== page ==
My class has had success in respecting me first and knowing that my classroom is my second home (because I told my students that I arrive at 7 am and do not leave until about 5:30pm). I related that with them in what is expected of a guest to behave like in their home. I even modeled a scenerio where I pretended to be a guest and did the exact same things to them (rudeness, talking back, taking what I wanted, speaking out of turn, inturrupting with an idea that was completely off base) and they were so mad at me. I said "well, just like you don't like people coming into your house and being mean and inconsiderate, I do not like students coming into my class and doing that. It's tit-for-tat".
Behold, my kids who may not like me everyday, but still learn.
I like that you spelled out a couple of bite sized manageable chunks to think about and act on right away. I have done all the things you mention both positive and negative. Now I see it spelled out for me, what I was doing that lead to x behavior and what I was doing well that led to another type of behavior, let's call it "y". As you can see I think in a math like way.. behavior b1= x and behavior b2 = y. Thank you for the insight! : )
I can tell you as a teacher at the school I’m at, that don’t work. I actually did that long before I watched this video making the kids stay in the hallway to settle them down. They’d just stay out in the hallway and keep acting up so they didn’t have to come in the room.
And positive focuses don’t help either. I told a group of students they were excellent workers and the best class grade wise and that suddenly made them think they had my favoritism and they could do whatever they wanted.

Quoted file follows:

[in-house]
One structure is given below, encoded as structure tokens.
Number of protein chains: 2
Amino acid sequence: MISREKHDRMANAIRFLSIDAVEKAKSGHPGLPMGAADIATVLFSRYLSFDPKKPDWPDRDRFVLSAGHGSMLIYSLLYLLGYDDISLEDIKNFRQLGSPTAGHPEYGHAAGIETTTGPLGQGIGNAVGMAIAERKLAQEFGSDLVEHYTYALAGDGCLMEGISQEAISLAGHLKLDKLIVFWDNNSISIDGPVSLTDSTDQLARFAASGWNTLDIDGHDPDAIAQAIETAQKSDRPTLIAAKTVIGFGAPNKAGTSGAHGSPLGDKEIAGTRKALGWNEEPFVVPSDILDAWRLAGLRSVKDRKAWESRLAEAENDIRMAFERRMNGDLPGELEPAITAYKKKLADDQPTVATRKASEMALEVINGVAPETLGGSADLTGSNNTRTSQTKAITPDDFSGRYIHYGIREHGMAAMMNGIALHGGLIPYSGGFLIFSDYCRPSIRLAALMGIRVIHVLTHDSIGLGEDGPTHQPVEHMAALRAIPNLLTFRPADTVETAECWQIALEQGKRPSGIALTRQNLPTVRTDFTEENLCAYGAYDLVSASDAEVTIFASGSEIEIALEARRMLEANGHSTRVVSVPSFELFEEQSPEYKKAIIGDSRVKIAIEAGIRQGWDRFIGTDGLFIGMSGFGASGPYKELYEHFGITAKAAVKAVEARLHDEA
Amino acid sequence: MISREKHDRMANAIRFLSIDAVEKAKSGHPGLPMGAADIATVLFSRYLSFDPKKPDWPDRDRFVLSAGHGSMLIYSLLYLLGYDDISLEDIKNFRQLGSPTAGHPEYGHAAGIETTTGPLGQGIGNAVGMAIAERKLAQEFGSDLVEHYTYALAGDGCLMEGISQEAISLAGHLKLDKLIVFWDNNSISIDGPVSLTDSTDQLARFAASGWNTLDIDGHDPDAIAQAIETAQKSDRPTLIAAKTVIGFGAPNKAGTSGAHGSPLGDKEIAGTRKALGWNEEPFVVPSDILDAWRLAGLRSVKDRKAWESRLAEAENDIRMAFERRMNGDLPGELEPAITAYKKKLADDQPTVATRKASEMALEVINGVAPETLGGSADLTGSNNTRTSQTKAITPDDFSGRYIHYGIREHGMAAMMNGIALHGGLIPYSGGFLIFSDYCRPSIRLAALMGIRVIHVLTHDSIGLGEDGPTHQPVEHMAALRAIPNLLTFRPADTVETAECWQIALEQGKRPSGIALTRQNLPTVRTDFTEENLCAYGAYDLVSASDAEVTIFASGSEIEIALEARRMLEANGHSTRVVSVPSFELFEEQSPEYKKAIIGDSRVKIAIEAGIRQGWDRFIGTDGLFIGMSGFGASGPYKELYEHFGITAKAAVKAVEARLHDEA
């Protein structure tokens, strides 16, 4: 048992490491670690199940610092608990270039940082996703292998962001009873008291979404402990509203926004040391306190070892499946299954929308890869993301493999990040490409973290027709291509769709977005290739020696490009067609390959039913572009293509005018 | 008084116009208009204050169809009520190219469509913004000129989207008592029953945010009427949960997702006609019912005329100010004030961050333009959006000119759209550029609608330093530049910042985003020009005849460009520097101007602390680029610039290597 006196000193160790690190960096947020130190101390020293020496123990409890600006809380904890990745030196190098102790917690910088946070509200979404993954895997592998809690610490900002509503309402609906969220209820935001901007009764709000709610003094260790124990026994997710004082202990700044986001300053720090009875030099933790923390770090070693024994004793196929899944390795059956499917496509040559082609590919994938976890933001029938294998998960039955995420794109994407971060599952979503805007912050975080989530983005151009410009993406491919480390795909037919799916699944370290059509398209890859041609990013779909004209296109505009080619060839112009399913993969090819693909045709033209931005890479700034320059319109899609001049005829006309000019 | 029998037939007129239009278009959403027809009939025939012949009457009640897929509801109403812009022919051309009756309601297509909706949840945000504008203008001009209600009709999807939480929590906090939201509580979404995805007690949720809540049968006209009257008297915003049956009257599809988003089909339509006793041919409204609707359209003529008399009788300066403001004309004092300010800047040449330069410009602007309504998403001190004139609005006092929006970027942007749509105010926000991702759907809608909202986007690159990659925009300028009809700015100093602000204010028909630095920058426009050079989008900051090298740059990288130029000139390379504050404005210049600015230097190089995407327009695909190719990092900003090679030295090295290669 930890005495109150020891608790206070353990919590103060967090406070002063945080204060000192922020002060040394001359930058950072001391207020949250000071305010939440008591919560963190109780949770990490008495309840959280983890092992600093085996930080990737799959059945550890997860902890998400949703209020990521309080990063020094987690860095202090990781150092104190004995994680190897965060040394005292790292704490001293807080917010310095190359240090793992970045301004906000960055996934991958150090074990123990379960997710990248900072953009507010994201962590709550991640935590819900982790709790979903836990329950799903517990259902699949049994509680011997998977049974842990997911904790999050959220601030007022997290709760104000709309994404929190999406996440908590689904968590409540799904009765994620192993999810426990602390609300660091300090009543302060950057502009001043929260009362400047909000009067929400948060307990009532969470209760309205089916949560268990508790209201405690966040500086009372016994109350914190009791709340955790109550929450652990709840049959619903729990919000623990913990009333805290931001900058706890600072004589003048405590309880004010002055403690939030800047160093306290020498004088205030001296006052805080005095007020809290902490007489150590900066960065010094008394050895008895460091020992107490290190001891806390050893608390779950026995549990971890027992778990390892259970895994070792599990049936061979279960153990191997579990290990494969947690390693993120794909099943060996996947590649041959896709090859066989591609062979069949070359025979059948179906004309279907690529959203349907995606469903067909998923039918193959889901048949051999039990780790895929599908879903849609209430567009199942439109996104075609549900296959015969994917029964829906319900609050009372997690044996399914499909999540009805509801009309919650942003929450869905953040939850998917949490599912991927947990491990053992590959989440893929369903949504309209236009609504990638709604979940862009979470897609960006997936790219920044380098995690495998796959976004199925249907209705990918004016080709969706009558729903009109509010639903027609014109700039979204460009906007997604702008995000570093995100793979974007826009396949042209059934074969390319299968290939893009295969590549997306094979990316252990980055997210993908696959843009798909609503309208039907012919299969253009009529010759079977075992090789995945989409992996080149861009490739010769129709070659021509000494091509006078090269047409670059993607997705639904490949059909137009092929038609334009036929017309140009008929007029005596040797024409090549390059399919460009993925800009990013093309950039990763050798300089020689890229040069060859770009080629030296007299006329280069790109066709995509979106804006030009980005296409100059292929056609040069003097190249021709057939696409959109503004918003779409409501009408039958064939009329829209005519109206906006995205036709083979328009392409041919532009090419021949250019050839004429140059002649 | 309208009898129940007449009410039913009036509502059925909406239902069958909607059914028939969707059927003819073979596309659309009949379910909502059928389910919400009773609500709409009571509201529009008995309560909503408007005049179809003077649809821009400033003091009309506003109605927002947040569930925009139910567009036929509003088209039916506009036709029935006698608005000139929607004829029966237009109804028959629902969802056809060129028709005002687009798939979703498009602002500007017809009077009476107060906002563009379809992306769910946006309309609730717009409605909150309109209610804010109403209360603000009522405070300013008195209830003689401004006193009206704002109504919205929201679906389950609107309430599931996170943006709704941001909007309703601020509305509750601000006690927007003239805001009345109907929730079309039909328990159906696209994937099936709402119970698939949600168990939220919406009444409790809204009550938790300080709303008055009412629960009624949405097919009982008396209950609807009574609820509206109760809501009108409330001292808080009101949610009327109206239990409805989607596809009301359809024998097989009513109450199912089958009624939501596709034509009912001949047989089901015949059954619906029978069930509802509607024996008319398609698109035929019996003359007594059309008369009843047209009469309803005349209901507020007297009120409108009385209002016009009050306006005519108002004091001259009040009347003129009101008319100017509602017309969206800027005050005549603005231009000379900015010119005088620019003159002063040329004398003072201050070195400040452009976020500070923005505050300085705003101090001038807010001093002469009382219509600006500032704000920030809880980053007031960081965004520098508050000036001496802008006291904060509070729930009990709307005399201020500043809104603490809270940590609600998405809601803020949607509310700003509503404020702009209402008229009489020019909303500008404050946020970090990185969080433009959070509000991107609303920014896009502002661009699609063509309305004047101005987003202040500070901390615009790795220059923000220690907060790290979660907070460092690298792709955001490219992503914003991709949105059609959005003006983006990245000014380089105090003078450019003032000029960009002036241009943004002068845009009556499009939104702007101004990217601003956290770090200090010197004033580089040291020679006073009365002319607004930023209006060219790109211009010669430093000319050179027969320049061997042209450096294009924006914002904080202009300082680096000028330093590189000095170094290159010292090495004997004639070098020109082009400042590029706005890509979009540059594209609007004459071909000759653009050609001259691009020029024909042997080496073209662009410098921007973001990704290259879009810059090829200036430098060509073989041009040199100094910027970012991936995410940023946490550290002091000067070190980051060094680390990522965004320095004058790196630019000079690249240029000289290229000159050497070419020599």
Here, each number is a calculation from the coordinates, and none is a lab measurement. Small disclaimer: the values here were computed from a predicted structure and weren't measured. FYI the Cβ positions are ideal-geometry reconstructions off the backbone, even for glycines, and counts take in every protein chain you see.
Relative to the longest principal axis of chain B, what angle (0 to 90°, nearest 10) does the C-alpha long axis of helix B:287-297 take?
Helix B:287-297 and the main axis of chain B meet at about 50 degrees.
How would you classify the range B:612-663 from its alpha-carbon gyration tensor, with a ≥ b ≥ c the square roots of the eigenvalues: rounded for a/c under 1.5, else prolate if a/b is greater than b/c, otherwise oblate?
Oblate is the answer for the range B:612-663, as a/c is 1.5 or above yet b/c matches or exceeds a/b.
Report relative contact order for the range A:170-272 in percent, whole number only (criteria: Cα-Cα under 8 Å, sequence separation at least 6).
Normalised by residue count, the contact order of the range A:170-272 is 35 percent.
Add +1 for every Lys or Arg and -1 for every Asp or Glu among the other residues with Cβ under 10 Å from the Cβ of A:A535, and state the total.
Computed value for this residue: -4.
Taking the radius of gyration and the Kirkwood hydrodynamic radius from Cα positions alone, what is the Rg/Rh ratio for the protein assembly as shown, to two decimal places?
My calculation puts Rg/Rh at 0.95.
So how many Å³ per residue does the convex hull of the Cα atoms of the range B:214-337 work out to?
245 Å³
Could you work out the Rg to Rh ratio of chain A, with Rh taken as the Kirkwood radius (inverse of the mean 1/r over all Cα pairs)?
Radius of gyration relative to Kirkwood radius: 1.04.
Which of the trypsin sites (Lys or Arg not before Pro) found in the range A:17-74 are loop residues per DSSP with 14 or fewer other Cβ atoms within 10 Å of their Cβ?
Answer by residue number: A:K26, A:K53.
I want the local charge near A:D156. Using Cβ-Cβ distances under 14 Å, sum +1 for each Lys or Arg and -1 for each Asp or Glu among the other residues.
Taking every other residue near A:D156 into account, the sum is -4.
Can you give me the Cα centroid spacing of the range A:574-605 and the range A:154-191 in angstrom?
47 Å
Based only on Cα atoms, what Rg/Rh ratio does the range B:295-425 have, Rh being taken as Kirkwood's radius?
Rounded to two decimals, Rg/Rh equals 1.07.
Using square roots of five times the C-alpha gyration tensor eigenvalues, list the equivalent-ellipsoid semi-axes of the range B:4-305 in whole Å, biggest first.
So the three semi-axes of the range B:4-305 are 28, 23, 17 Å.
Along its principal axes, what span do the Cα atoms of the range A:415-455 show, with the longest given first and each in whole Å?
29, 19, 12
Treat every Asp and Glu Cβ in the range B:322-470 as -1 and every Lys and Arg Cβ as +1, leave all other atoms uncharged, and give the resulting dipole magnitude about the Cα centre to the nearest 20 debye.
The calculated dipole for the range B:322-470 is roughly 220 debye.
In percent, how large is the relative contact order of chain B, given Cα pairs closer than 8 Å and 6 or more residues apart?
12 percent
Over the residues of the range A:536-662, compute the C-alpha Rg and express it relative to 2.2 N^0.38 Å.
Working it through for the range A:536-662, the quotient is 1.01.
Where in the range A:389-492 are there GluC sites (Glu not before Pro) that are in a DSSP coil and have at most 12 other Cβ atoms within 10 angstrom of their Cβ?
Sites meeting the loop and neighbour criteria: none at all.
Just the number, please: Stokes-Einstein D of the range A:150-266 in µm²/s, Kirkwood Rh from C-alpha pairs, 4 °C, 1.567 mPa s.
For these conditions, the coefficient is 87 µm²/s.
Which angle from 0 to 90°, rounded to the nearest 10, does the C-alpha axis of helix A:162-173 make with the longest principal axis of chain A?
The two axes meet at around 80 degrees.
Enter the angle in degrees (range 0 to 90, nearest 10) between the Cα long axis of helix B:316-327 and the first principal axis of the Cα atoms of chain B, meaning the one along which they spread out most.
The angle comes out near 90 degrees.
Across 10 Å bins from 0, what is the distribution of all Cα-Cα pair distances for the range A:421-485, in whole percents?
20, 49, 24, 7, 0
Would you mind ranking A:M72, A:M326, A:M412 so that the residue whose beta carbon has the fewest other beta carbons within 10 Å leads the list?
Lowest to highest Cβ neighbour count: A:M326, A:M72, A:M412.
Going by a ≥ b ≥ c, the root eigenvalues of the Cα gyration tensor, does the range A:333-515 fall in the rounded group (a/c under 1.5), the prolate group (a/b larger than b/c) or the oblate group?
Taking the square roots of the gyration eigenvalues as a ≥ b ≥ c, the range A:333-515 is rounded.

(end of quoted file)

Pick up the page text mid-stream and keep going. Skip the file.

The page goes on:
Hi Chris, inner city school environments are all similar. Similar kids, similar problems, same solution - a supportive framework of love, respect and consistent boundaries. You sound like you really care and I applaud that. You've clearly tried a lot of different tricks and strategies but to be blunt none of them will work, certainly not for any length of time, unless the framework is in place. When I talk about this particular method (the method of filtering them at the door) I place emphasis on that framework. It is part and parcel of any successful approach - no amount of strategies, tricks and methods will work unless applied consistently, within a supportive framework. One thing that I notice from your reply is that you say students are entering a classroom chasing each other, slapping each other and knocking desks over. That is probably why the method is failing - part of the framework is missing. Where are the consistent boundaries? When we let them get away with any of that behaviour they will naturally repeat it. The method works - but there is a lot more to it than just making them line up at the door.
Rob Plevin, I hate to tell you, but yes, it is the method. You have no idea where I teach and you have no idea what it’s like. It’s an inner city school of mostly African-American students, and I am the white outsider. There’s 35-38 of them per class period and one of me. Every day before they enter I tell them to come in and follow procedure, which is posted on the wall. I say good whatever to them as they enter and high five or shake all their hands. I walk in and I have kids knocking over desk, chasing each other around, slapping one another, and with a Bell Ringer on the board I still have to raise my voice in order to get over all the noise. We’ve tried the raise a hand method, we’ve tried reward charts, we’ve tried reward parties, and we’ve done exactly what you said to do for your method, and your method doesn’t work. Argue it all you want but you clearly don’t have a good understanding of a public inner city school environment. And even with all my problems I’m said to have the best rapport with all my students, but it still doesn’t help with their behavior.
It's the way you settle them down that counts - the way you speak to them, the way you interact with them. They pick up on your attitude and your feelings towards them. Not saying you have a bad attitude, but if this isn't working it is definitely not the strategy that's wrong.